Paula Rochman: I realize part of that. I disagree with your saying that people who do civil disobedience do it as just a one or two day thing, though. Most of us are middle class people. We have never been affected by the jail system. We hear stories about jails, we hear these things, but we’re basically not affected by them in our society every day. And just about everybody I know who’s gone through civil disobedience, who’s gone through the legal system here, is appalled by it. And I think that feeling doesn’t just go away two days later.
Beth Richards: So you see that as part of the thorough educational process that I’m talking about?
Paula Rochman: I just know, since I’ve participated in civil disobedience, how many people it’s affected. Just talking about it. If I say I’m going to a demonstration, I don’t find that that has any effect on people. It’s safe. I mean, you’re not chalIenging anything
People don’t care if we demonstrate. But they do get upset if you keep going back and just challenging the fundamentals of what they are doing. I mean, obviously there’s an education process, but the point is, what inspires people to educate themselves? What inspires people to hold politicians accountable?
Matthew Clark: I want to get back to the electoral question just for a second. There seems to be one situation anyway – complex and not unambiguous – in which there was an electoral movement that had some kind of impact: the electoral process leading up to the election of Lincoln. It lasted over a long time, with three political parties forming, two of them dropping away, one of them staying around. In the 1830’s there was a lot of non-electoral abolition politics, and then in the 1840’s and 1850’s it became increasingly electoral under the leadership of people who had been part of the non-electoral abolition movement. Some of them went into the electoral movement and eventually they came up with a mildly abolitionist president, which turned out to be the crisis point. I’m not saying it’s unambiguous or that it led to the political situation one might have desired, but still something was happening there.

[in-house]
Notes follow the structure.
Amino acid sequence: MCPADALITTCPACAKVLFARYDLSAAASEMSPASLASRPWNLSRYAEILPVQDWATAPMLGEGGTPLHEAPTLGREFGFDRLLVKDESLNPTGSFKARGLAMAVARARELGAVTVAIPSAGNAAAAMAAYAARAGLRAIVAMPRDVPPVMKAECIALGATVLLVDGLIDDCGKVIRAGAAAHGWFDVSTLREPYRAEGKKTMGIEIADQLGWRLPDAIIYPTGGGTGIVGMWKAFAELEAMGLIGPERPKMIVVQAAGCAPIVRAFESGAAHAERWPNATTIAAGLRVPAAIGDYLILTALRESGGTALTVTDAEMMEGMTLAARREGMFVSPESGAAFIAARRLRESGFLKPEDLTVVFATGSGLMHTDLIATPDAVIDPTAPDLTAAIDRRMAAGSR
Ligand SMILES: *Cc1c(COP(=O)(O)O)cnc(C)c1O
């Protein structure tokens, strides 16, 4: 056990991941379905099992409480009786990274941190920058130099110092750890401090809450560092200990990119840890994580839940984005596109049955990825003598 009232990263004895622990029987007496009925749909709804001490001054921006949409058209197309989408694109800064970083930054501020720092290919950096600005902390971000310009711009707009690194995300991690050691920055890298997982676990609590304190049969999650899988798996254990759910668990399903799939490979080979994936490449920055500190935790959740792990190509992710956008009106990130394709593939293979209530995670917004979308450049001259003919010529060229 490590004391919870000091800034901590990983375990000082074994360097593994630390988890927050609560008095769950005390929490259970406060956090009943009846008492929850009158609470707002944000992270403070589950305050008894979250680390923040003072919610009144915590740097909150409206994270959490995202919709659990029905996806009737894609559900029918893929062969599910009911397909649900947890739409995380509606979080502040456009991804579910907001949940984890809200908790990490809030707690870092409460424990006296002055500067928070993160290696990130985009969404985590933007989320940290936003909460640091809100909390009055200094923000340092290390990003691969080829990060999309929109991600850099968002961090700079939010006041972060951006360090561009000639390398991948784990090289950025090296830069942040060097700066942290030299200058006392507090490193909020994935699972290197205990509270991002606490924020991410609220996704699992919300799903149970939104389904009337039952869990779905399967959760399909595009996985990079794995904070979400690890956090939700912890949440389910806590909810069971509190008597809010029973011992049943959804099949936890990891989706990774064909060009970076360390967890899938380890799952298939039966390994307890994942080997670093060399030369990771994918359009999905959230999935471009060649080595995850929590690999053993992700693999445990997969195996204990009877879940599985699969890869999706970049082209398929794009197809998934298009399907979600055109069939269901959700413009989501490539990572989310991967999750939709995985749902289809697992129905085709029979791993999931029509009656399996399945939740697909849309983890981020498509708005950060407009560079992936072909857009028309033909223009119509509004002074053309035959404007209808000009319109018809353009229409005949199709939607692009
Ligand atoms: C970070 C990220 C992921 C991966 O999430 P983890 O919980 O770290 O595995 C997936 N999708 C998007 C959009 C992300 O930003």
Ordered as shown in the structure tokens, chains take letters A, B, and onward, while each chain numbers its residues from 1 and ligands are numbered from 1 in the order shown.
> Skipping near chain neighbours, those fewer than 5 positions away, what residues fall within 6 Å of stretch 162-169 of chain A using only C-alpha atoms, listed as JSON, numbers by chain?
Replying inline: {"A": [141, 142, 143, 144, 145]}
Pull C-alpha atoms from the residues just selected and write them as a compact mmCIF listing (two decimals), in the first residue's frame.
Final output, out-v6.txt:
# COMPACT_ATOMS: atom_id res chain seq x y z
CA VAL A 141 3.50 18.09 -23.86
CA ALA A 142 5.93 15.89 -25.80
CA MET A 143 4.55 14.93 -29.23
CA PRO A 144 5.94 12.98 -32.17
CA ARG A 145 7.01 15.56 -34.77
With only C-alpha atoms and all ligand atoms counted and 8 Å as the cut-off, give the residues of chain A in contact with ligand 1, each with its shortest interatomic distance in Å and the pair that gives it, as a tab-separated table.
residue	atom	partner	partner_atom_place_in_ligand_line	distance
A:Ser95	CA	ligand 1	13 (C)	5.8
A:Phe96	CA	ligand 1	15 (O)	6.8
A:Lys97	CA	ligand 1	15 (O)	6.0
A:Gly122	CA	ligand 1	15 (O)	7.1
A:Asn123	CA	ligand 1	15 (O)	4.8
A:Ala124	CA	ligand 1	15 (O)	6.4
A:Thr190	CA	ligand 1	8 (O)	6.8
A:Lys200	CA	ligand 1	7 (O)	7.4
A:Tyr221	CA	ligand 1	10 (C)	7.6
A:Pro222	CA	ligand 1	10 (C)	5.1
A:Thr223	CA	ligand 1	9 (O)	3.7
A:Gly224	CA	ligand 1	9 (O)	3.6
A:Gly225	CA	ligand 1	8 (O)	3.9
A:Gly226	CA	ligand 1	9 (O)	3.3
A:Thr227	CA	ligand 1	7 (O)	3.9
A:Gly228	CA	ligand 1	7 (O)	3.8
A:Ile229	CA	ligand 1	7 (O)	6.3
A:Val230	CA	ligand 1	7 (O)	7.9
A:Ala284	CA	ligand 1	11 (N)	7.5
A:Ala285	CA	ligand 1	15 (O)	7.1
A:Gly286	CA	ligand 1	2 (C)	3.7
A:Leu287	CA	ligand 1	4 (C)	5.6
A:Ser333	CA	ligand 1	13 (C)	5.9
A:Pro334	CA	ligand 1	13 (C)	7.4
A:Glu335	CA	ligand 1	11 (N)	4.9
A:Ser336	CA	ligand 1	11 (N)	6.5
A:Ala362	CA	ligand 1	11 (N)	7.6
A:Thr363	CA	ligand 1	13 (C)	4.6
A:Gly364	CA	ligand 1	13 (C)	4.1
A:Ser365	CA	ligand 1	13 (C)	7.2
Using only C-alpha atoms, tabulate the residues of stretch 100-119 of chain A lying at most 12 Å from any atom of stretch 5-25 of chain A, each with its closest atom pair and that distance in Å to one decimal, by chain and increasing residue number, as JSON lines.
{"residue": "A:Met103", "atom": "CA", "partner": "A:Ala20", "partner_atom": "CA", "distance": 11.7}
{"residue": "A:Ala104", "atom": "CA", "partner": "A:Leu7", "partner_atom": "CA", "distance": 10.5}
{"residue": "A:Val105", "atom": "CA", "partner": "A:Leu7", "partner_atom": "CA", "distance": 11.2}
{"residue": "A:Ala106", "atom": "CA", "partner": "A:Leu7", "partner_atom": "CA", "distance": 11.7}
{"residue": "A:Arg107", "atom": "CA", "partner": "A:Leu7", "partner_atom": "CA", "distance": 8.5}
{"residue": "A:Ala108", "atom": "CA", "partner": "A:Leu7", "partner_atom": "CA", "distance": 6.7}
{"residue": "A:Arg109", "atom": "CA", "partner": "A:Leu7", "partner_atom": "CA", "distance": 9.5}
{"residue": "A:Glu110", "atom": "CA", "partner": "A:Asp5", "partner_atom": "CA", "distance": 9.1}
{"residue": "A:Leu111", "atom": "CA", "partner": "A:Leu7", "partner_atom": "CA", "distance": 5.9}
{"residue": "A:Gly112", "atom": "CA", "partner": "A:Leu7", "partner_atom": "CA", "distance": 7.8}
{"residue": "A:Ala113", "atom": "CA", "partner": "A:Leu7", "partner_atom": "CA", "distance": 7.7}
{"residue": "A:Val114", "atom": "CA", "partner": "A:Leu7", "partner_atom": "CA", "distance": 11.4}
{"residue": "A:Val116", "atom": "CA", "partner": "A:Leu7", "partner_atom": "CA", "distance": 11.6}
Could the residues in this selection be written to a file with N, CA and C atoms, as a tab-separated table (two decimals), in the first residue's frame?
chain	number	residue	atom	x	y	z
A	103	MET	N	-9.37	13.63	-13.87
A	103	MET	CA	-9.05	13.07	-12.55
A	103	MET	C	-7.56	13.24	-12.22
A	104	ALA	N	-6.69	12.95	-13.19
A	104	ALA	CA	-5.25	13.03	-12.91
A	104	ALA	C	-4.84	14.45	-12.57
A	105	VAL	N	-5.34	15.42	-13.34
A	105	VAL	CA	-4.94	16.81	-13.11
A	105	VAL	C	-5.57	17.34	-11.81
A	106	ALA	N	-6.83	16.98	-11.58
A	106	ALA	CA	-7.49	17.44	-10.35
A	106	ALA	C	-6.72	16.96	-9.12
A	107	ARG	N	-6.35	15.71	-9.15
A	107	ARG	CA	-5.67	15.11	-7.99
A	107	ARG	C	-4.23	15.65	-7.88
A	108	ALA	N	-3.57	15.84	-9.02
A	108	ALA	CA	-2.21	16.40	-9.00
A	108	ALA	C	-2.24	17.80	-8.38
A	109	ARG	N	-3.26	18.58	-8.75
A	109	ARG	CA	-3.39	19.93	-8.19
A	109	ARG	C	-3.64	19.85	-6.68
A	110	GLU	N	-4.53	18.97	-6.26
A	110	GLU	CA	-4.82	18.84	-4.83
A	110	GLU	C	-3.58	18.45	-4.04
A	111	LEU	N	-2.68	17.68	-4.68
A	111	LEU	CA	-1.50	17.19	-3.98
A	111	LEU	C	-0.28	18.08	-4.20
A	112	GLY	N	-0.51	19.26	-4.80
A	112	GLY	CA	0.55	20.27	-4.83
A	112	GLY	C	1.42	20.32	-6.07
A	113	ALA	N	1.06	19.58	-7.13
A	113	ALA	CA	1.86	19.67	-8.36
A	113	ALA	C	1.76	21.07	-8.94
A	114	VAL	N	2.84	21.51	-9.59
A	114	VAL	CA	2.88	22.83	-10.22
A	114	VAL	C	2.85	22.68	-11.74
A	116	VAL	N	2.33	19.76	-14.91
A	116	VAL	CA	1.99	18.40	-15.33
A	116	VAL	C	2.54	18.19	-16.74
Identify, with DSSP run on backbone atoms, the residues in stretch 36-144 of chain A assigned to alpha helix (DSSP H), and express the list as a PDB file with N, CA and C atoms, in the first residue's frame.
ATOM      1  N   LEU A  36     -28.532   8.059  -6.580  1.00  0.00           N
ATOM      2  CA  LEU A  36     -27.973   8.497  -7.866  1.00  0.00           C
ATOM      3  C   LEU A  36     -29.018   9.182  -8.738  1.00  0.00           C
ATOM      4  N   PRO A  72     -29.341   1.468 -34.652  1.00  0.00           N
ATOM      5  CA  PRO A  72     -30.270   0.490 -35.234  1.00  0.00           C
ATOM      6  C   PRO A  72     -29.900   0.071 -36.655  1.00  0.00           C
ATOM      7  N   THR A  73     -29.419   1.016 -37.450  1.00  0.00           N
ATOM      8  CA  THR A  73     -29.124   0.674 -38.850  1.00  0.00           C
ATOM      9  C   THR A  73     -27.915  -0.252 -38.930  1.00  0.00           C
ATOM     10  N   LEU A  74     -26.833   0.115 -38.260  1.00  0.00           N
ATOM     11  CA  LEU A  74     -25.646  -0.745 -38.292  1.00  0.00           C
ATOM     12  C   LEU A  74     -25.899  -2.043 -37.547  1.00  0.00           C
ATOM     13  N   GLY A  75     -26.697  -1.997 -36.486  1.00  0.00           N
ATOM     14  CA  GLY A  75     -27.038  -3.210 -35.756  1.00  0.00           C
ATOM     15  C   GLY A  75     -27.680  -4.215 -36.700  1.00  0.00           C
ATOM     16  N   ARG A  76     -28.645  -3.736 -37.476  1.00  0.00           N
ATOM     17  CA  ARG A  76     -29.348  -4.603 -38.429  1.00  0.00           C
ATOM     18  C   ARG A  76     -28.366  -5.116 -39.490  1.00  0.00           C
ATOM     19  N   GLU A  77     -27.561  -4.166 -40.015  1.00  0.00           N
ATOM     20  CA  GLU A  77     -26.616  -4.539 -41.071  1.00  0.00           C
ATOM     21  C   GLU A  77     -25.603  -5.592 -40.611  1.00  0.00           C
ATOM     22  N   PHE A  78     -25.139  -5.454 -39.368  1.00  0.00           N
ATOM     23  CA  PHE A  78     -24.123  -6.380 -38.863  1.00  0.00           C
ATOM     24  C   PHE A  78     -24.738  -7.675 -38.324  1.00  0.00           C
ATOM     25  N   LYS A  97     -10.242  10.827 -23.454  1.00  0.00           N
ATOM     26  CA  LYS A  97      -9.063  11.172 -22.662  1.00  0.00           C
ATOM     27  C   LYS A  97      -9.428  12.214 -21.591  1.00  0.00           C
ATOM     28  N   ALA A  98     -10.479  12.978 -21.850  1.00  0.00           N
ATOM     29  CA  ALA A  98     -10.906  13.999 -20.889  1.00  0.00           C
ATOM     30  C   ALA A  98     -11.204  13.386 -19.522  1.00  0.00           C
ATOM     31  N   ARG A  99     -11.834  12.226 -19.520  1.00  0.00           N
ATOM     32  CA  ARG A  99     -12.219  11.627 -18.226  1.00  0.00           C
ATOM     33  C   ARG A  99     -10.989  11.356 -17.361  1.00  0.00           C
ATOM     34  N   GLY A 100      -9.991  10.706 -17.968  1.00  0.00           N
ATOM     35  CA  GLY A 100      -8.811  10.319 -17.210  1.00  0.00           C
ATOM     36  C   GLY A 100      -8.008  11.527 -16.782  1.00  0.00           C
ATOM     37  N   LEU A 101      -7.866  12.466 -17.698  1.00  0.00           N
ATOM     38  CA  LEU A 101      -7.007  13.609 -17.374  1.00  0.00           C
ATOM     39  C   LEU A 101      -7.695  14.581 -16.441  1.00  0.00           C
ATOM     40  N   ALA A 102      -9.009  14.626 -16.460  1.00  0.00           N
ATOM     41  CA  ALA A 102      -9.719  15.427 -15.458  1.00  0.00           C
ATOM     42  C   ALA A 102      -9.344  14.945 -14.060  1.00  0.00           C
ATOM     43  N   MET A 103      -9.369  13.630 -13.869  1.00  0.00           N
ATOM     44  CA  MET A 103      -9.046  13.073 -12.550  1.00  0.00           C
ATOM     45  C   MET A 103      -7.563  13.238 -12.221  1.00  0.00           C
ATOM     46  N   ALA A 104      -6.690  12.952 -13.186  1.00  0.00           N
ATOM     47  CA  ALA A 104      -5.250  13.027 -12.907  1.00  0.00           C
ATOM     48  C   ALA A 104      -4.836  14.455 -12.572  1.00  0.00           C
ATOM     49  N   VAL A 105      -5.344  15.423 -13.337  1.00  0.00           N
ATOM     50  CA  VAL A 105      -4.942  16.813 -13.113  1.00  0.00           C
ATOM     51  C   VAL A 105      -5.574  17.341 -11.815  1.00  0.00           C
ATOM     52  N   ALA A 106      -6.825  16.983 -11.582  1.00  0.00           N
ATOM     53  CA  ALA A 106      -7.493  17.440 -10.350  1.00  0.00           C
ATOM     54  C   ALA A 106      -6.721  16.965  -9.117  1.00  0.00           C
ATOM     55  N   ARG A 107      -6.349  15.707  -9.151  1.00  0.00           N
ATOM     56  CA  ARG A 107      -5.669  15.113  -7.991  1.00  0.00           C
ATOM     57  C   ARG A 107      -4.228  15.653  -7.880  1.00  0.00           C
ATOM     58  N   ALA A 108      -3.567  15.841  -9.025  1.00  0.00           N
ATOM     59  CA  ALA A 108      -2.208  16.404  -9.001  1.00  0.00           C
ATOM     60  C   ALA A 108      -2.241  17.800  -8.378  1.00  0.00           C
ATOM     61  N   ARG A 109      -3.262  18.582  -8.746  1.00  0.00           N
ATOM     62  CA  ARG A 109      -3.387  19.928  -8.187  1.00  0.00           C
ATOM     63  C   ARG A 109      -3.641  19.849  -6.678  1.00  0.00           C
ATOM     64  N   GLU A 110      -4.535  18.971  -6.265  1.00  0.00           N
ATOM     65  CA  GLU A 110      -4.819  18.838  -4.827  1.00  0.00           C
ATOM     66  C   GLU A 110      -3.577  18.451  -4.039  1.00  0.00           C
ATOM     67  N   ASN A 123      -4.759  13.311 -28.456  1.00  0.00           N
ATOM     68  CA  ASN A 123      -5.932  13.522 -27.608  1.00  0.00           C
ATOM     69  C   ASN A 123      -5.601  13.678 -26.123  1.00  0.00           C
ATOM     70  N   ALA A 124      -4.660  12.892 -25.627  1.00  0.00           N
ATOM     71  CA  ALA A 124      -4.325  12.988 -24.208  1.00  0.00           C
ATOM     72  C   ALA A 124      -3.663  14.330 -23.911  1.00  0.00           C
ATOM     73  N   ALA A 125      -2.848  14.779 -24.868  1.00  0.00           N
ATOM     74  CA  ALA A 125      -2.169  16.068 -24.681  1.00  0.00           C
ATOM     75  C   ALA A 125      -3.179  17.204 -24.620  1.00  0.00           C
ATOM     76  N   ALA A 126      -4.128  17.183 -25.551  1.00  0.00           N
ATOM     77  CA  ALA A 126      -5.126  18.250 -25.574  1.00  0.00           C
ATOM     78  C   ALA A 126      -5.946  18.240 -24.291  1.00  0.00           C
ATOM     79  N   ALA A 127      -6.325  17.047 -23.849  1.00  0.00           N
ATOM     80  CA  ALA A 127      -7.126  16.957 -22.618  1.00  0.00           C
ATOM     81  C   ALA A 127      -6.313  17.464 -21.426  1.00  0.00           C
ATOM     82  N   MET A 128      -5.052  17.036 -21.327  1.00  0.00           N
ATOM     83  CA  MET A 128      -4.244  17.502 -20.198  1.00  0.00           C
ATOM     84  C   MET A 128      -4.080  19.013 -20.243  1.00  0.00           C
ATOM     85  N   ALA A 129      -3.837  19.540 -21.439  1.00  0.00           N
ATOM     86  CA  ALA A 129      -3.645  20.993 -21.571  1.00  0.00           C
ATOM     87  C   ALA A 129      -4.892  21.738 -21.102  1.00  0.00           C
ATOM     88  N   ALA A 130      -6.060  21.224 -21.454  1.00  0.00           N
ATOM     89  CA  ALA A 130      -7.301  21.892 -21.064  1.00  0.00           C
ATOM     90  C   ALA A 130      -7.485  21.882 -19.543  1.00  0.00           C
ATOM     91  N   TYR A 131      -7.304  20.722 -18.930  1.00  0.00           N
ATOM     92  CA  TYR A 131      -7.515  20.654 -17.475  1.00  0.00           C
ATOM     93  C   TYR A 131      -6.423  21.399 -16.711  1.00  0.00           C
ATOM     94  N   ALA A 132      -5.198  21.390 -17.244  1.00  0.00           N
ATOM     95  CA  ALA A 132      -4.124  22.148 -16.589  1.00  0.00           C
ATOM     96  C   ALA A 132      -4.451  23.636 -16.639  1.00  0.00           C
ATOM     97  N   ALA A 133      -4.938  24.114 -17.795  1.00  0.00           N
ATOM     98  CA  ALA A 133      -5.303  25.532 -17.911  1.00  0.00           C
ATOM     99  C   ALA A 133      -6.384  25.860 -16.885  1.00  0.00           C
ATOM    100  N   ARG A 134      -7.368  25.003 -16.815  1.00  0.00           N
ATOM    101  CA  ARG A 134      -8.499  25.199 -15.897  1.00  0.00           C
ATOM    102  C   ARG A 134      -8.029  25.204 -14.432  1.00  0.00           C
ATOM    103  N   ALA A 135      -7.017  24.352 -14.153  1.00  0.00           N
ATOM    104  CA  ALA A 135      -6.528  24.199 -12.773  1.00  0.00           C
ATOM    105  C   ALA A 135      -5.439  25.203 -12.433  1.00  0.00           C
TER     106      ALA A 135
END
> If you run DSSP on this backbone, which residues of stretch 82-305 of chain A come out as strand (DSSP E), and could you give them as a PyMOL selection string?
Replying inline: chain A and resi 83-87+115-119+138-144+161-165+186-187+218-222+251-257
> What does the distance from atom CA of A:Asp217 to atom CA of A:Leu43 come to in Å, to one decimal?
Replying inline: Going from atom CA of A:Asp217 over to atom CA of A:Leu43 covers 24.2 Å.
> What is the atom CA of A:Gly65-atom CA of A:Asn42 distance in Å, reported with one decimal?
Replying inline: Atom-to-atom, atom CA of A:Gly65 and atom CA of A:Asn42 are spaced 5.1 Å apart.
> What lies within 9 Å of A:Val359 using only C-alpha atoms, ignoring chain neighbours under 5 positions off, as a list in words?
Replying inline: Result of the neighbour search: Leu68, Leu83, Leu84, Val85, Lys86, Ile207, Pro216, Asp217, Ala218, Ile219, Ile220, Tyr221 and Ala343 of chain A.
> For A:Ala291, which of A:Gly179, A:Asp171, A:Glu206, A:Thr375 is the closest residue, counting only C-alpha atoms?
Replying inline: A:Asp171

Beth Richards: And don’t you think that-in our election – well, I’m totally cynical about the main reason why a lot of the Liberals came out in favor of the freeze. For one thing, the freeze is a safe issue, because it has nothing to do with Canada. And for another thing, having nominated Turner, who was basically the establishment right wing of the Liberal party, they were afraid that they had lost the left-Liberal votes, and peace was the safest left-Liberal issue to win back that vote. So I’m very cynical about the reasons why they supported the freeze, and I don’t attribute it to the hard work of the peace movement. But some Liberals and also a few Tory M.P.s did come out in favor of peace, and this makes them somewhat accountable. It doesn’t help that much, but it helps a little bit, and that’s how the peace movement grows. I was really happy with the results despite my cynicism.
Paula Rochman: But I think the point is, now we have to hold those people accountable. I mean, look at someone like Jim Coutts. At the (Spadina) all-candidates meeting, he endorsed the nuclear weapons free zone, but he said Litton had nothing to do with it. He went on and said there are no nuclear weapons in Canada. And then when I phoned him at his office, he had a different line – all of a sudden Litton was part of the nuclear weapons free zone, there were nuclear weapons in Canada.
Matthew Clark: Yeah, that’s because we put some pressure on him.
Bob Penner: There are different ways of evaluating tactics. I think that commonly they are evaluated in terms of how they influence people or policy immediately. That has some importance, but I really think tactics should be evaluated on how they help the movement. And so I. think the peace issue in the election campaign was successful – phenomenally successful – because of all the attention that was drawn to that issue. It’s not so much what the politicians thought. It’s what everybody else thought about it. The way change is achieved, in my understanding of history, is by the activity of large numbers of people over a long period of time. That’s what does it. I don’t think there’s any particular hierarchy of tactics. I mean, different tactics serve different purposes.